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Everest Expedition Spring 2018

Each year Mt. Everest is a dramatic stage for the theater of human passion. Sometimes a Greek tragedy, sometimes a feel-good story, but always a spectrum of emotion. The Spring 2018 season was no different in its range of accounts. However, this year was one of the better years for summiting Everest. Indeed, the past two years since the devastating earthquake, Everest was relatively void of natural disasters. A major weather window allowed a record number of summits for the Spring 2018 season. For this year there were an estimated 715 summits. From Nepal, there were 476, and from the Tibet side, 239. That’s quite a bit more than the previous record year of 2013, with the total summits for that year standing at 667. As stated before, the enormous break for climbers in clear weather and warmer temperatures played the starring role. Climbers saw an unprecedented 11 days of clear skies and calm winds. This also allowed a bit of breathing room between teams, and climbers could spread out reducing the overcrowding that can tend to happen when summit days are limited to just a few days in May. Though the door of good weather was opened for quite a while, early in May was not so lucky, so the first summit was not seen until May 13th. This was followed by the May 15th summit of a 70 yr. old Chinese double-amputee, Xia Boyu, with Mingma G Sherpa and other guides on the Nepal side. 

So let’s recap the season…
There were 366 permits issued, including 20 Nepali permits for 43 different expedition groups by the Ministry of Tourism. This is a record number of permits ever issued by Nepal. On the Tibet side, China issued 180. 

Of the 715 summits, the first to the summit was the rope fixing team on the Nepal side at 3:30 pm on May 13th.  To date, we have reported for the standard South Col Route in Nepal 229 foreigners, and 247 Sherpas to summit Everest. The reports from expedition teams for the Northeast Ridge Route are 111 foreigners to the 128 Sherpas.

Quite a few records and summits of note need to be mentioned. The majority of record holders for Everest Spring 2018 were Sherpa. Firstly, Lhakpa Sherpa from Connecticut at age 44 broke her own female record. On May 16th she has made her ninth summit. 48 yr. old Kami Rita Sherpa reached a record 22 summits; he states he would like to reach 25 summits before finishing his career on Everest.  On May 14th Steve Plain, an Australian obtained all Seven Summits in 117 days. The previous record for reaching the summits of each continent was 126 days. The first ever Paraguayan to the summit was Franz P. Rassel. The biggest story this year is undoubtedly Xia Boyu. After winning an appeal overturning a Nepal Supreme Court decision to ban all double amputees from climbing Nepal’s mountains, Xia Boya at 70 yrs. old summited on May 14th. The Sherpa to accompany him was Mingma G Sherpa.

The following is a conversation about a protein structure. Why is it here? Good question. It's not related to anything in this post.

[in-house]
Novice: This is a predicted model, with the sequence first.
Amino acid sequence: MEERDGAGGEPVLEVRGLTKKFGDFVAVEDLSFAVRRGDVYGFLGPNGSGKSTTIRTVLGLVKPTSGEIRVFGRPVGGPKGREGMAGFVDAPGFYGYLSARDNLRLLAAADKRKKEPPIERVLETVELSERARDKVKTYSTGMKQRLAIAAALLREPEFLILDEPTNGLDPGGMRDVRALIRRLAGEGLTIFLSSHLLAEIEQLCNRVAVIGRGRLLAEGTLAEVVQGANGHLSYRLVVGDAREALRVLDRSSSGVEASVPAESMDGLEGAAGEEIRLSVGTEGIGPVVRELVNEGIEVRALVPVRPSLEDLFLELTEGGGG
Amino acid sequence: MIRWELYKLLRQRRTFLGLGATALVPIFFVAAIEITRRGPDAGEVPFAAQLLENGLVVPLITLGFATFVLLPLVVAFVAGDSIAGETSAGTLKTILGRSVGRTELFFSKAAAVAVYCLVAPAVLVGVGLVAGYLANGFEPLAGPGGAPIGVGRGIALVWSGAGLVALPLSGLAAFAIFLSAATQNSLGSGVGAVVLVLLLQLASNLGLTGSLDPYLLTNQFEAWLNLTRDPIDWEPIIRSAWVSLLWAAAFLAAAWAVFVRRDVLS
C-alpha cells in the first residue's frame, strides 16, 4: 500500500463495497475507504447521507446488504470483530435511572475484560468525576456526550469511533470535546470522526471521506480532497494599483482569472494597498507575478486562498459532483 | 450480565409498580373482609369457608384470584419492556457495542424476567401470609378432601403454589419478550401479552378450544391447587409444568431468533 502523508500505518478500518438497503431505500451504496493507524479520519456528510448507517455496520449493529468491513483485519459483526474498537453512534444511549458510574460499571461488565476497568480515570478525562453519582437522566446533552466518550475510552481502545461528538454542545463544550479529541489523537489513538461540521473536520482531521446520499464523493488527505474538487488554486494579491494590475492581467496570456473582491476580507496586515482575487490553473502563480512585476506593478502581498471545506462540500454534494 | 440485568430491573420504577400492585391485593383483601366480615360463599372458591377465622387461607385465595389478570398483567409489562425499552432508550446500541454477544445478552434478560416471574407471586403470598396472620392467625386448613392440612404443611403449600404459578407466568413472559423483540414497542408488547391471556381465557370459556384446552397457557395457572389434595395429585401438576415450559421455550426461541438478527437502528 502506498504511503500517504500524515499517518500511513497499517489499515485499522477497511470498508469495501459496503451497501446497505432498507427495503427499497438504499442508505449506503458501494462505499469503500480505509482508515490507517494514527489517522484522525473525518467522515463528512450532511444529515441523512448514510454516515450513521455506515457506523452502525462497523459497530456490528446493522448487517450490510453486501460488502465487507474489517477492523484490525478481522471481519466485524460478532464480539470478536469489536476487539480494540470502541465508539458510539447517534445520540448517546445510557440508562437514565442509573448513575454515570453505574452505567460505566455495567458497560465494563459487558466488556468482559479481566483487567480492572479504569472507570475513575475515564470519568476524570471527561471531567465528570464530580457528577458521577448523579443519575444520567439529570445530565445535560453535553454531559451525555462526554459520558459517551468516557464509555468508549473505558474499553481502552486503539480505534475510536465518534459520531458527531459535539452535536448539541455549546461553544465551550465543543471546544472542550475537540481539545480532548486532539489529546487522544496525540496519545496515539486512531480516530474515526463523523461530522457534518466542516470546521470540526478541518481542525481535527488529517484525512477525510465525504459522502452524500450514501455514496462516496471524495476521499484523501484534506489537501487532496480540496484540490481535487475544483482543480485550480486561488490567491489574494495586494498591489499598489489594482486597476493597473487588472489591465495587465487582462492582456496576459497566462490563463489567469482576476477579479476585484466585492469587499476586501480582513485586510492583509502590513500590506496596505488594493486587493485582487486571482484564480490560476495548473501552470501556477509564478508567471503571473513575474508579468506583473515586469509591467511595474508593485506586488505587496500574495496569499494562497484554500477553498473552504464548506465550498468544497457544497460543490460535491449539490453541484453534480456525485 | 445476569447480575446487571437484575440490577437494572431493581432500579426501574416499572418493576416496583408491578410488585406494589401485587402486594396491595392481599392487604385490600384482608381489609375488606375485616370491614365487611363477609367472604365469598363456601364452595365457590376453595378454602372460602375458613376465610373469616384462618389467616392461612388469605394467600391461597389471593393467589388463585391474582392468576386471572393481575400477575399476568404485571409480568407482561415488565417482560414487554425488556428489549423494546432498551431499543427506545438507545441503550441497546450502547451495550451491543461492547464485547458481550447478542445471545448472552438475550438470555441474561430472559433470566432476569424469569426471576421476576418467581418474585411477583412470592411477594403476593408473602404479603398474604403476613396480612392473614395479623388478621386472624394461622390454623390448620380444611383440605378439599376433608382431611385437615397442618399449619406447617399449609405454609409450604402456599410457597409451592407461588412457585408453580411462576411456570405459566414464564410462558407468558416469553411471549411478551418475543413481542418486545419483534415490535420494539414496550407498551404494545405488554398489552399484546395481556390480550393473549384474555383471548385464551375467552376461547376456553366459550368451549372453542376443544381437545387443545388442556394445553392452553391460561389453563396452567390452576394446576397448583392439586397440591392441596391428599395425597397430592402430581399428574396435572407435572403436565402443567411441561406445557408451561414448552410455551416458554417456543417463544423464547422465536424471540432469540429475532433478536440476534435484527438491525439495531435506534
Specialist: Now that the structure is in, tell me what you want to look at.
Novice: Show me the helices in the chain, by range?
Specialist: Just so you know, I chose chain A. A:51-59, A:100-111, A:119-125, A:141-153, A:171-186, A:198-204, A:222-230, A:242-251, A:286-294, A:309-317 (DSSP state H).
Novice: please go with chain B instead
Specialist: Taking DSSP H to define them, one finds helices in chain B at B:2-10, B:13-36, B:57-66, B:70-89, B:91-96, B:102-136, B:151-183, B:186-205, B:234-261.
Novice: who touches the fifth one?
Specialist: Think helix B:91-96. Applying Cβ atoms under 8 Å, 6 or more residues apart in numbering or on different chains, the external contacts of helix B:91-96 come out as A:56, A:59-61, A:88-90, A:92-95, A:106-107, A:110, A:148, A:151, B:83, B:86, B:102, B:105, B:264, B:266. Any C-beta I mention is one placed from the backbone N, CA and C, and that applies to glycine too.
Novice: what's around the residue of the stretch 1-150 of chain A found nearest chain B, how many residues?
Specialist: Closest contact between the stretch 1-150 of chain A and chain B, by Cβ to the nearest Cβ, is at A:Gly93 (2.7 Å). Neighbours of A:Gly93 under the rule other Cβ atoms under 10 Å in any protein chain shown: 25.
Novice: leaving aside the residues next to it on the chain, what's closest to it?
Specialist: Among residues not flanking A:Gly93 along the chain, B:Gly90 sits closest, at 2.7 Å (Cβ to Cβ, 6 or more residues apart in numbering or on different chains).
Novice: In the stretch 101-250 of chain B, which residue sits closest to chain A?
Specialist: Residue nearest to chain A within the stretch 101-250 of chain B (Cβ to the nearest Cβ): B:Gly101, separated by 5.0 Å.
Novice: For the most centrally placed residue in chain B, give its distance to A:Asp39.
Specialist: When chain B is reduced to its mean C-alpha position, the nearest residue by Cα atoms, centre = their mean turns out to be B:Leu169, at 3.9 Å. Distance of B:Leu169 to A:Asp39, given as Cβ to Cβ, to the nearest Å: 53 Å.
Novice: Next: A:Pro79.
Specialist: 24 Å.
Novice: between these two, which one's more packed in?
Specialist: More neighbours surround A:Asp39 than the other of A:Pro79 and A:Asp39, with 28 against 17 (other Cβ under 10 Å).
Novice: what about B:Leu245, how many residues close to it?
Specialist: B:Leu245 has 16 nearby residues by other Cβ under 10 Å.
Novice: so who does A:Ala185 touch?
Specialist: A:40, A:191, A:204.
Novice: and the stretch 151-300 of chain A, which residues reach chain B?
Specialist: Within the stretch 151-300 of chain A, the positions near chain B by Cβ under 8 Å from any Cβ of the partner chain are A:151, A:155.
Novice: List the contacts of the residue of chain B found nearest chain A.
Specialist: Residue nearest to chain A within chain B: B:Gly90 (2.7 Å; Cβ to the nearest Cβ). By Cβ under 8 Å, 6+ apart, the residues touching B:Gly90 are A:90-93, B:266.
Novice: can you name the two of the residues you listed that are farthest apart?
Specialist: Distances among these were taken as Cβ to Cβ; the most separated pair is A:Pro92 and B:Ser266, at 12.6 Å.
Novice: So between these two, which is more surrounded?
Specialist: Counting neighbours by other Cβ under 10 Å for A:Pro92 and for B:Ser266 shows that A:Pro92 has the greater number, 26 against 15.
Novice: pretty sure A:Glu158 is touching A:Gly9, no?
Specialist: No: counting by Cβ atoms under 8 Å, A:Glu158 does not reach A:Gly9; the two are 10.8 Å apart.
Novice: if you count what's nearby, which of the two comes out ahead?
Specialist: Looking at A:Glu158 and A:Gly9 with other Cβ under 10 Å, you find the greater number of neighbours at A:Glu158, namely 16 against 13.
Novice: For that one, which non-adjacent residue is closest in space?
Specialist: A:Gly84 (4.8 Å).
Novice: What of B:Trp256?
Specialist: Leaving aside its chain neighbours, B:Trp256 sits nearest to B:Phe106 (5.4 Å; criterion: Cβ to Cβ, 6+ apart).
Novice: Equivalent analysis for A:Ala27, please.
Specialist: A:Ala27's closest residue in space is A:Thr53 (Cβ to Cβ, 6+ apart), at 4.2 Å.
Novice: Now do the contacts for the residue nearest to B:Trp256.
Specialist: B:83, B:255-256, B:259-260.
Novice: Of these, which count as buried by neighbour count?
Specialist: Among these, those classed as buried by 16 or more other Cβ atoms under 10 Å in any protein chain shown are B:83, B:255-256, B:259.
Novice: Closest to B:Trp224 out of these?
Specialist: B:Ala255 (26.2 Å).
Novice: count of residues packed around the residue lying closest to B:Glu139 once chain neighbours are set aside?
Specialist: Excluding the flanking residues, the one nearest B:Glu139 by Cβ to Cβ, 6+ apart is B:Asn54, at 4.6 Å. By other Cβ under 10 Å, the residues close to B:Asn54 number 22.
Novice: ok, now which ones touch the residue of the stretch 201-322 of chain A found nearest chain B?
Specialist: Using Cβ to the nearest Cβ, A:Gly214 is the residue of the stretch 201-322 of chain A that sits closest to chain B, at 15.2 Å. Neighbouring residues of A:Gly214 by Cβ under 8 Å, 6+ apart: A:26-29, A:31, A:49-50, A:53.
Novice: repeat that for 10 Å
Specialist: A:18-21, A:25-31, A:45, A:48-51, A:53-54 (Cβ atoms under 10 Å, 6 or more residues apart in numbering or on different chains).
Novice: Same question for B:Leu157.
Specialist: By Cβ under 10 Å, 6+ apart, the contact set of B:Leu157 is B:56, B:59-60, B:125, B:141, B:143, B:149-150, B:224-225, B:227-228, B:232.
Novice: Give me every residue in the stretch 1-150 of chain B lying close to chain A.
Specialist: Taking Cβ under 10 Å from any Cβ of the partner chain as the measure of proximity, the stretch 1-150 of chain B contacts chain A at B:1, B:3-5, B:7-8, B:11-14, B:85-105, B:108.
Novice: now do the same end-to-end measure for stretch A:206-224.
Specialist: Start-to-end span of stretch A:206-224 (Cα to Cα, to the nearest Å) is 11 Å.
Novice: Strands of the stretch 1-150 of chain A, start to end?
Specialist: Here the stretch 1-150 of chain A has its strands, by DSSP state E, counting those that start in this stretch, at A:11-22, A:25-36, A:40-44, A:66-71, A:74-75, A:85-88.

Unfortunately, as is every year, deaths occurred on Everest. This year five deaths marked the Spring 2018 season. A Macedonian climber named Gjeorgi Petkov died of a heart attack at age 63, and Nobukazu Kuriki from Japan died of pulmonary issues on his eighth attempt to climb Everest. Damai Sarki Sherpa fell into a crevasse near Camp 2 while helping a climber into a rescue helicopter. Pasang Norbu Sherpa died during his summit push at 28,051ft. Also, Lam Babu Sherpa was reported missing while supporting a Ukrainian team. One death was also reported on Lhotse which is a stone’s throw away from Everest. Rustem Amirov died from AMS complications 300 feet below the summit. Always the deaths and accidents both reported and unreported are a tragedy. It is important to take time to review the why’s and how’s of these catastrophes so as to prevent them in future seasons. However, Everest is safer now than ever before because of better weather reporting, higher use of supplemental oxygen, and using known routes with more regularity. 

Overall the 2018 Spring Season was a success in summits. Record numbers of people were able to achieve a lifelong dream, and work went on as usual for the support teams and guides. Everest will always be a pull for all those whose seek to do what seems only barely possible. Seasons to come will see more of the range of human infatuation and emotion in this mythical place.
 

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